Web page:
Antigen Discovery and Specification of Immunodominance Hierarchies for MHCII-restricted Epitopes

Summary by Katie E. Golden, MD

For well over a decade, the world of immunology has been gaining traction as a core focus to better understand, and cure, many human diseases. The science and medical community alike have gained appreciation for the role of immunological processes in infectious diseases, autoimmune diseases, and cancer. As the prevalence of these conditions increases, there has never a more critical time for researchers to better understand the immune system and its potential for therapeutics.

Behind the development of new and exciting immunotherapy and pharmaceutical interventions is rigorous, basic science research that forms the foundation upon which we can develop these advanced treatments. We still have a lot to learn about how the human immune system functions, how it can both keep us healthy or lead to disease, and how we can best study these mechanisms. In the newly published paper by Graham, in Nature Medicine, immunologists and researchers take on the difficult task of identifying the key components of immunologic processes.

In their investigation, the authors developed a way to identify the T cell epitopes that play a dominant role in antigenicity. More specifically, they outline a unique approach to identifying and predicting the specific molecules that initiate clinically significant immune responses. They focused on epitopes associated with major histocompatibility complex II (MHCII), which are the key proteins that bind the T cell to activate immune mechanisms implicated in both health and disease. Using a broad, unbiased survey of proteins, they developed a model that predicts dominant MHCII epitopes on a genome-wide scale. This essentially provides researchers with the tool to take a collection of bacterial species, for example from the human gut microbiome, and create a map of the immunodominant epitopes. This is an important step in identifying the antigenic pathways that lead to development and propagation of disease (such as in Inflammatory Bowel Disease, in keeping with the microbiome example). When they put their model to the test, it accurately predicted novel T cell epitopes from both pathogenic (Listeria monocytogenes) and commensal (Muribaculum intestinale) bacteria.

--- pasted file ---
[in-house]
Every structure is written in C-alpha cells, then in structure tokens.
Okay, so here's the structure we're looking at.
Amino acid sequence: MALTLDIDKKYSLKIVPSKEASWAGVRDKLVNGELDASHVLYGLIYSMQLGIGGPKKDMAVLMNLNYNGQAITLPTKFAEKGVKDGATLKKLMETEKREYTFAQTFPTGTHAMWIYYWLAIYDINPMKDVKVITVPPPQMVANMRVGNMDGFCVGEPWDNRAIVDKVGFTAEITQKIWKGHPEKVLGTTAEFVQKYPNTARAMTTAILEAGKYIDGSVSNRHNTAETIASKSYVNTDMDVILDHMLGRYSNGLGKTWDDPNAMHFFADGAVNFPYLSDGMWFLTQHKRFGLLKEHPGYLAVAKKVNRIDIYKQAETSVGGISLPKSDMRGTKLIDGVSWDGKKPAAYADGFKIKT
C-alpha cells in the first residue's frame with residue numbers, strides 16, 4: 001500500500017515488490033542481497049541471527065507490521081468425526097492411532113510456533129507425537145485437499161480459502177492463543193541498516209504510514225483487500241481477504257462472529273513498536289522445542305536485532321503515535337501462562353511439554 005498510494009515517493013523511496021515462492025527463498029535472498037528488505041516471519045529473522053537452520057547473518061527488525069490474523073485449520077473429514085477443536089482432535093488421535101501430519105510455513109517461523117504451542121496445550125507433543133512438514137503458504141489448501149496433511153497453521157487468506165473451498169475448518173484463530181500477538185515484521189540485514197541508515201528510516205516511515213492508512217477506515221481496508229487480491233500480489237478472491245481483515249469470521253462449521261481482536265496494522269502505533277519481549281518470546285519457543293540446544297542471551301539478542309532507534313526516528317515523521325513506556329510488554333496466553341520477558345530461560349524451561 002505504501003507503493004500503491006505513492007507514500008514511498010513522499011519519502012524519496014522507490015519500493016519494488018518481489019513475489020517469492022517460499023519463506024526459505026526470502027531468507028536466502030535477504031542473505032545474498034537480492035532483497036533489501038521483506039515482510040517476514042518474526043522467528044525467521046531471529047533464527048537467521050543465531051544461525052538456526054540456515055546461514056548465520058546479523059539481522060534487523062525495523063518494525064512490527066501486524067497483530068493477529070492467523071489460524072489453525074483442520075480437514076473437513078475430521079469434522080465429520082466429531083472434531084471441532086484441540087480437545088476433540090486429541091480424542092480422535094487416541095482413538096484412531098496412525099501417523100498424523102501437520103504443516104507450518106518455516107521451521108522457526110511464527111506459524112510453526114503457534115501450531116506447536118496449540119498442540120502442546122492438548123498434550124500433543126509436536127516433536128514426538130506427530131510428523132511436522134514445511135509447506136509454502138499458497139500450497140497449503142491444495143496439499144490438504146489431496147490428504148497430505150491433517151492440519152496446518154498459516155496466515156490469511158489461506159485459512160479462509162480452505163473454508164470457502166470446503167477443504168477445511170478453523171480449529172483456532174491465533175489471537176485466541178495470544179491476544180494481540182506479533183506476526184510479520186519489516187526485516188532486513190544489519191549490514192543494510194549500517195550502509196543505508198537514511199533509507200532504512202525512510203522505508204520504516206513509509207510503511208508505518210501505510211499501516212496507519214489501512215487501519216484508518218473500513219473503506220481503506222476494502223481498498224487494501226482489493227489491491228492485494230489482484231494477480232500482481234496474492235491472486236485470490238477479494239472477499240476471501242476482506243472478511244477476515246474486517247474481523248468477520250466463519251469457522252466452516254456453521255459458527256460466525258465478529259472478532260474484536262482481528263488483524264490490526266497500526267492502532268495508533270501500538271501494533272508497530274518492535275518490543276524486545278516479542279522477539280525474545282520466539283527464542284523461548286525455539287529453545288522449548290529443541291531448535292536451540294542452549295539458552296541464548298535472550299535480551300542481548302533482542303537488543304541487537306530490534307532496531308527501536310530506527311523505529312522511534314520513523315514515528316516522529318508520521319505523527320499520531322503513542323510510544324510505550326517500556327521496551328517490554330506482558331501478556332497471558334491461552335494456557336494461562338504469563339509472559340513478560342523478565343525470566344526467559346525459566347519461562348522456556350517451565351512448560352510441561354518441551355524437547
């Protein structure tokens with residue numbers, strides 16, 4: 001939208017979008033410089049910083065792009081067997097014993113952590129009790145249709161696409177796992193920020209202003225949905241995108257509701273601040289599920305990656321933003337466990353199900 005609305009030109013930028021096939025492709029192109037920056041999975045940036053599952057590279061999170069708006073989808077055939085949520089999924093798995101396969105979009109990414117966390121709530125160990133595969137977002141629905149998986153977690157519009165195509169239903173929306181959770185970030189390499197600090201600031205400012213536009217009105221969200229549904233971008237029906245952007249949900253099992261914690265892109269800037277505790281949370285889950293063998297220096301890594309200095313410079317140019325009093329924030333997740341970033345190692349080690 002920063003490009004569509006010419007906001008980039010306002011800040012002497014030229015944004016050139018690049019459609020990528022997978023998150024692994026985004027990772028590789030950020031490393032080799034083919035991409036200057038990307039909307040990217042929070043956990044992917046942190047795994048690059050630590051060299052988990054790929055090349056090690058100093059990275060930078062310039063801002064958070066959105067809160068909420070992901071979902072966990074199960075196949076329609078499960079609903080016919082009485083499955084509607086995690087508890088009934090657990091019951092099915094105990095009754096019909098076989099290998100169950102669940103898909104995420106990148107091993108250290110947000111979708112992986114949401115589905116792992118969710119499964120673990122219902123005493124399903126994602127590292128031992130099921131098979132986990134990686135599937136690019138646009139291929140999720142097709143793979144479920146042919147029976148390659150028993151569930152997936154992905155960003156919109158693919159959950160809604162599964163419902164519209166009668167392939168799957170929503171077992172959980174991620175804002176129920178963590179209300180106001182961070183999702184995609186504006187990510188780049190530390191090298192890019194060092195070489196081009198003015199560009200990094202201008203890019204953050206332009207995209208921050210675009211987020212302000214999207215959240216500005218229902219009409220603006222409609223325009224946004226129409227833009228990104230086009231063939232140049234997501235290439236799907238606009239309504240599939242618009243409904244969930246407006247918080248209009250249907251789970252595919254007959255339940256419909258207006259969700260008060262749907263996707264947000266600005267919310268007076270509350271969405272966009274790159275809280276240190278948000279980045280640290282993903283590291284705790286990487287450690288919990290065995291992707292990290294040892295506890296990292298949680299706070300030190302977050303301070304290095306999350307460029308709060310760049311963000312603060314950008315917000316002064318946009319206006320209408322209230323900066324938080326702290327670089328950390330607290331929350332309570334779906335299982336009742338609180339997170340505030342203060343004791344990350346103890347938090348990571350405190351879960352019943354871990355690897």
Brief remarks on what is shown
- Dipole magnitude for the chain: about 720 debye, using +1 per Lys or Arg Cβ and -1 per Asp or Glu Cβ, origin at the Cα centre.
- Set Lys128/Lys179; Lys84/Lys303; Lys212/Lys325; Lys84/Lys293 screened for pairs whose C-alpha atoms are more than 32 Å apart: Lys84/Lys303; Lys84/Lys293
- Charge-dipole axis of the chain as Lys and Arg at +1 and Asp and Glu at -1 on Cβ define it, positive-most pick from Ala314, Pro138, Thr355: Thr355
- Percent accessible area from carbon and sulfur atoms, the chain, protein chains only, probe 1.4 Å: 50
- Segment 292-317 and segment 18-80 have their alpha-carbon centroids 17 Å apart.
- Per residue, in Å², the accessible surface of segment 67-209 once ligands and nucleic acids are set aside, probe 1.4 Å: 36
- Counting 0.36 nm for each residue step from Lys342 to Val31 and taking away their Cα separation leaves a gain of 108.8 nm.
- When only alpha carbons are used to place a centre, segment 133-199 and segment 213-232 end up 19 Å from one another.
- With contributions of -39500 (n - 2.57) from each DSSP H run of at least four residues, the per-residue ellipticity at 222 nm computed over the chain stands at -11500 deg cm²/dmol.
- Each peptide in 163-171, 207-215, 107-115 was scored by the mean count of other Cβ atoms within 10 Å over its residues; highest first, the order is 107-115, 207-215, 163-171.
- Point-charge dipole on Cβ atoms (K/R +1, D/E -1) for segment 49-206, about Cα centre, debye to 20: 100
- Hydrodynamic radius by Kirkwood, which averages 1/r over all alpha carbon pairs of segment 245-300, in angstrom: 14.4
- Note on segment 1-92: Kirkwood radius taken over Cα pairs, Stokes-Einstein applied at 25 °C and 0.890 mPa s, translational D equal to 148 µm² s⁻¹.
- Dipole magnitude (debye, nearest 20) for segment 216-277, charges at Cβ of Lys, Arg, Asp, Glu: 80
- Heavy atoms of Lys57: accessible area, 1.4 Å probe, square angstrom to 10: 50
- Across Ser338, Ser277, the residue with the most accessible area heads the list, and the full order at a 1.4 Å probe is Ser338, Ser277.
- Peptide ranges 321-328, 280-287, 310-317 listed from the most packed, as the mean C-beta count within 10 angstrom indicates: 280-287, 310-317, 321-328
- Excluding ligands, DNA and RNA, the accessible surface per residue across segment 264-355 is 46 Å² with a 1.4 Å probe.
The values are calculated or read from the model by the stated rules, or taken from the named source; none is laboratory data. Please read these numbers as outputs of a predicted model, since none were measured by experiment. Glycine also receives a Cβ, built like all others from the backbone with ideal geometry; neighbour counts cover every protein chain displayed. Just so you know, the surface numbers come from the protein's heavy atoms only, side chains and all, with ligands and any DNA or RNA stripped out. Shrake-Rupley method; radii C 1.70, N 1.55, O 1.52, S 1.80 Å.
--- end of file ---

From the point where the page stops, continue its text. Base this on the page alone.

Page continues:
Amidst a thirst for promising new immunotherapies to treat chronic and terminal disease, this paper is a powerful reminder of the role, and necessity, for developing new ways to study core immunologic mechanisms and pathways.